QakBot also employs tactics to avoid detection. It checks for newer version of itself and replaces if found. Executables are signed with a fake or stolen signature. PowerShell downloads the initial payloads and stores it on the server with a PNG extension and it's replaced with the legitimate file calc.exe after execution. As observed, ProLock operators have not setup any website for publishing exfiltrated data in case of ransom failure.

Indicators of compromise:


  • C:\ProgramData\WinMgr.bmp
  • C:\ProgramData\WinMgr.xml
  • C:\ProgramData\clean.bat
  • C:\ProgramData\run.bat

For complete list, please refer

BTC Wallet Address:

  • 1LVLHAs4Vq9Yt9nHvvrgw9djtA7BiR8sKM (for incident response only, do not pay ransom)

Email Contact:

  • support981723721[AT]


  • Win32:Evo-gen [Susp]
  • Trojan.Peed.Gen
  • Trojan:Win32/Wacatac.D!ml

For full list, please refer:

Refer list of the processes and services targeted by the ransomware at:

Countermeasures and Best practices for prevention:

  • Users are advised to disable their RDP if not in use, if required, it should be placed behind the firewall and users are to bind with proper policies while using the RDP.
  • Install ad blockers to combat exploit kits such as Fallout that are distributed via malicious advertising.
  • All operating systems and applications should be kept updated on a regular basis. Virtual patching can be considered for protecting legacy systems and networks. This measure hinders cybercriminals from gaining easy access to any system through vulnerabilities in outdated applications and software. Avoid applying updates / patches available in any unofficial channel.
  • Restrict execution of Power shell /WSCRIPT in an enterprise environment. Ensure installation and use of the latest version of PowerShell, with enhanced logging enabled. Script block logging and transcription enabled. Send the associated logs to a centralized log repository for monitoring and analysis.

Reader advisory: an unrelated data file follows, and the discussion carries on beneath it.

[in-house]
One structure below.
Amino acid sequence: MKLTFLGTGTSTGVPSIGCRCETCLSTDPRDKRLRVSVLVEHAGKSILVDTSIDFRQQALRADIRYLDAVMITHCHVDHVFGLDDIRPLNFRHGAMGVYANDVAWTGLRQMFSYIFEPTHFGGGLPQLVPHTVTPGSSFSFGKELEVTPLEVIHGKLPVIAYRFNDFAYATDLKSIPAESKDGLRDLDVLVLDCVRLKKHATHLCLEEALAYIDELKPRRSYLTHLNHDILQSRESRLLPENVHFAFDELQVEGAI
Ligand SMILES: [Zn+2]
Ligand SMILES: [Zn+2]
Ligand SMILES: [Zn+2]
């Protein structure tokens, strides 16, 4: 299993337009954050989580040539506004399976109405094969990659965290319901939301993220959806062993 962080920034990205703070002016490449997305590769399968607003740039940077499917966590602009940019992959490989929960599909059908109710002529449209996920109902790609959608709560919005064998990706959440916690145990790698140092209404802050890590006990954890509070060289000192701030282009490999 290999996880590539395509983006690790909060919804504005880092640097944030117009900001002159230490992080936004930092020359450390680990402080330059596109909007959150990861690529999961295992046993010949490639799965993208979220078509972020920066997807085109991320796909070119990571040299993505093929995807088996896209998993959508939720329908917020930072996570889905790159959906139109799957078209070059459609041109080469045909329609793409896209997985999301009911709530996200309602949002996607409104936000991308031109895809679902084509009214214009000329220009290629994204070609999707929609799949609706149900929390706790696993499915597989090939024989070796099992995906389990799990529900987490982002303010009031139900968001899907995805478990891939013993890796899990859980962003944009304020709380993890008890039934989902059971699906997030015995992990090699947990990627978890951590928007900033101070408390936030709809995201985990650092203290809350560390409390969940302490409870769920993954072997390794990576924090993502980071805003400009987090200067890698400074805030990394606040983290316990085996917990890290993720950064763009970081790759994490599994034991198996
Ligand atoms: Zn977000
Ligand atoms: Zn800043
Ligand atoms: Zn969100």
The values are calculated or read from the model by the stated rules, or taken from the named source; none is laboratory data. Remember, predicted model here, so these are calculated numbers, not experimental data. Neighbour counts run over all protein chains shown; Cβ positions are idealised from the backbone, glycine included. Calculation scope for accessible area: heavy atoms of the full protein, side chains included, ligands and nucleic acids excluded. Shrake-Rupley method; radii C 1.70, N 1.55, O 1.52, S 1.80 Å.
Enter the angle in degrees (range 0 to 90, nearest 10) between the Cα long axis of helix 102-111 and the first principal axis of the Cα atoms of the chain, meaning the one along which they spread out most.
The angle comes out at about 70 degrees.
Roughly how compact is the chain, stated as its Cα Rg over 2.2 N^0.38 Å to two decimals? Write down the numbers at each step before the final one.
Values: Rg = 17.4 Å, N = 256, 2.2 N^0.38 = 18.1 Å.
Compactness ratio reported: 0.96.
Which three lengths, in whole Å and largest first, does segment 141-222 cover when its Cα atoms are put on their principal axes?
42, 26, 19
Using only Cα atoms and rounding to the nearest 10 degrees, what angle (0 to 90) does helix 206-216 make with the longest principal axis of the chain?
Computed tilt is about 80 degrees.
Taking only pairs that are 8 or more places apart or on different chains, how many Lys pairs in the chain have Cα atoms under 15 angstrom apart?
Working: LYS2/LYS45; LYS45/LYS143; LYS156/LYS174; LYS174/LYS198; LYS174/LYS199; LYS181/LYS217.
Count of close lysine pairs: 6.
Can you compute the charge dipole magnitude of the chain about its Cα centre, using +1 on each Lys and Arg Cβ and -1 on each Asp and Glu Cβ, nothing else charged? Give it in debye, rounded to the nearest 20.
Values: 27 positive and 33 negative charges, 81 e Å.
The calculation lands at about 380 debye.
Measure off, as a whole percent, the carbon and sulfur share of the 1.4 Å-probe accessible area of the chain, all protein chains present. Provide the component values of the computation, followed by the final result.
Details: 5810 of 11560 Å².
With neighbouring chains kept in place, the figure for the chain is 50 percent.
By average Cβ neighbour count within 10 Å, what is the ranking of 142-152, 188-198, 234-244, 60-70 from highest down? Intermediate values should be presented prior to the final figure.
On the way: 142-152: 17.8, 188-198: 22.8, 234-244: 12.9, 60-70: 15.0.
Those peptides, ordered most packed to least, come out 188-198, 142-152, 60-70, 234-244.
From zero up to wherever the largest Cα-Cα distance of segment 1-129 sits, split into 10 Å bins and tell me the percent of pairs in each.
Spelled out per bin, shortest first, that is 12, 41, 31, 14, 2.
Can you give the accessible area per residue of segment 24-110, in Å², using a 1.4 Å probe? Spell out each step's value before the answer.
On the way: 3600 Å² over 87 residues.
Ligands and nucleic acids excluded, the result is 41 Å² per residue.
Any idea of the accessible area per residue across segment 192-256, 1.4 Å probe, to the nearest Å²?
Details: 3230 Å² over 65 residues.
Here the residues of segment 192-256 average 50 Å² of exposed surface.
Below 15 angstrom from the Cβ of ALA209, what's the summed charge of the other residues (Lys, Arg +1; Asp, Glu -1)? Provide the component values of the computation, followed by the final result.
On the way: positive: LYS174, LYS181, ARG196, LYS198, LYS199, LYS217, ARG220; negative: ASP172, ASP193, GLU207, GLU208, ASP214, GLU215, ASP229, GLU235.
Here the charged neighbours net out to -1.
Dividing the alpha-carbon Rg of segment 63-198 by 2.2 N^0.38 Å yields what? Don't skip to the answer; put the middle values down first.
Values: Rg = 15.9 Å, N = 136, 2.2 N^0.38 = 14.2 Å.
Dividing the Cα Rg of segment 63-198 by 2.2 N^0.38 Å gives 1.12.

• Establish a Sender Policy Framework (SPF) for your domain, which is an email validation system designed to prevent spam by detecting email spoofing by which most of the ransomware samples successfully reaches the corporate email boxes.
  • Application whitelisting/Strict implementation of Software Restriction Policies (SRP) to block binaries running from %APPDATA% and %TEMP% paths. Ransomware sample drops and executes generally from these locations.
  • Don't open attachments in unsolicited e-mails, even if they come from people in your contact list, and never click on a URL contained in an unsolicited e-mail, even if the link seems benign. In cases of genuine URLs close out the e-mail and go to the organization’s website directly through browser.
  • Block the attachments of file types, exe|pif|tmp|url|vb|vbe|scr|reg|cer|pst|cmd|com|bat|dll|dat|hlp|hta|js|wsf
  • Consider encrypting the confidential data as the ransomware generally targets common file types.
  • Perform regular backups of all critical information to limit the impact of data or system loss and to help expedite the recovery process. Ideally, this data should be kept on a separate device, and backups should be stored offline.
  • Network segmentation and segregation into security zones - help protect sensitive information and critical services. Separate administrative network from business processes with physical controls and Virtual Local Area Networks.